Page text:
After the First World War, an appropriate way had to be found of commemorating those members of the Royal Navy who had no known grave, the majority of deaths having occurred at sea where no permanent memorial could be provided.

An Admiralty committee recommended that the three manning ports in Great Britain - Chatham, Plymouth and Portsmouth - should each have an identical memorial of unmistakable naval form, an obelisk, which would serve as a leading mark for shipping.

The memorial was unveiled by The Prince of Wales, the future Edward VIII, on 26 April 1924.

After the Second World War it was decided that the naval memorials should be extended to provide space for commemorating the naval dead without graves of that war, but since the three sites were dissimilar, a different architectural treatment was required for each.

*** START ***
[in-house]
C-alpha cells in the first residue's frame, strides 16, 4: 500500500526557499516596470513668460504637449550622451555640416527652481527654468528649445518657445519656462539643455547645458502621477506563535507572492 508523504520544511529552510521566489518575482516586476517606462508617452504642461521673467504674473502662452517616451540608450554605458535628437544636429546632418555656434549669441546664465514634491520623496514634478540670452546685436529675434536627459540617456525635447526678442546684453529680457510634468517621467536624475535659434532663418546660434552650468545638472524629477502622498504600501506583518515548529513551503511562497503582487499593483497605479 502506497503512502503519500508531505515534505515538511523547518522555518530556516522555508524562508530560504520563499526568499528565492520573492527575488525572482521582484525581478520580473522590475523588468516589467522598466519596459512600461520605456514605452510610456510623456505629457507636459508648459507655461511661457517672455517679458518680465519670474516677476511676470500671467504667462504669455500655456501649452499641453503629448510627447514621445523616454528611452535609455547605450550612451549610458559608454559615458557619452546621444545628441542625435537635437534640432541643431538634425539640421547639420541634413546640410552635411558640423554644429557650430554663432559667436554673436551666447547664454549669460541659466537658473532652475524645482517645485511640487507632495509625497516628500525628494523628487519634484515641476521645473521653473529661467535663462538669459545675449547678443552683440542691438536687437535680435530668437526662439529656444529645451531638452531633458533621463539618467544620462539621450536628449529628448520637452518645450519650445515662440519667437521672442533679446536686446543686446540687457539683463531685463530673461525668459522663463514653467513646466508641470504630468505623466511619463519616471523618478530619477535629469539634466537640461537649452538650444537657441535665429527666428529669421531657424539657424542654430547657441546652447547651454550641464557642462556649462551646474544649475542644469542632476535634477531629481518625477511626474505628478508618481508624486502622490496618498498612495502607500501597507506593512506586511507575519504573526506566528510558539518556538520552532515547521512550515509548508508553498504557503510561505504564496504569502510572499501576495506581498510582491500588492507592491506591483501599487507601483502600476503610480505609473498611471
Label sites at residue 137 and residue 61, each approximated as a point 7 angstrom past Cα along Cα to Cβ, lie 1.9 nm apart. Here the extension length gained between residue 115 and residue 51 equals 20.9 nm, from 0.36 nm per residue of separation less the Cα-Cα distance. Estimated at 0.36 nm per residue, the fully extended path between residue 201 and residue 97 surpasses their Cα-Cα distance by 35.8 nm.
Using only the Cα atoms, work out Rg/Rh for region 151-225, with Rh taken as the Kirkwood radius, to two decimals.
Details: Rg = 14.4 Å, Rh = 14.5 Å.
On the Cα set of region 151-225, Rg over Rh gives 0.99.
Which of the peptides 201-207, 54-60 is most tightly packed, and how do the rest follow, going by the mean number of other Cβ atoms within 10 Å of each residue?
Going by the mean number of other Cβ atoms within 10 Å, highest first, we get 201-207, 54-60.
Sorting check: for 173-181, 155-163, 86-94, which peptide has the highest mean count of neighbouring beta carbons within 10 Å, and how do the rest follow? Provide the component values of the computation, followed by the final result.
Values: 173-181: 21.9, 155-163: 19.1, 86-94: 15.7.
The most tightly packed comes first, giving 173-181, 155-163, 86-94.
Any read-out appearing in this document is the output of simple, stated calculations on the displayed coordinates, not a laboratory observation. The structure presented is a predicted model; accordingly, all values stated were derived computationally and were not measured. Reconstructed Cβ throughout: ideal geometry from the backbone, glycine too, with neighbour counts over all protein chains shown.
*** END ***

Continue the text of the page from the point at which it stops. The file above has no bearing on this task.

The extension was unveiled by the Duke of Edinburgh on 15 October 1952.

Of the three memorials, Chatham's is the only one sited on a hill, making it visible over a wide area.

Among those commemorated at Chatham are most of the crews of HMS Natal and HMS Vanguard who lost their lives when these ships were destroyed by internal explosions in 1915 and 1917.

In 2016, a commemoration service was held at the memorial to mark the 100th anniversary of the Battle of Jutland. The Battle of Jutland, which began on 31 May 1916, was the only major naval battle of the First World War.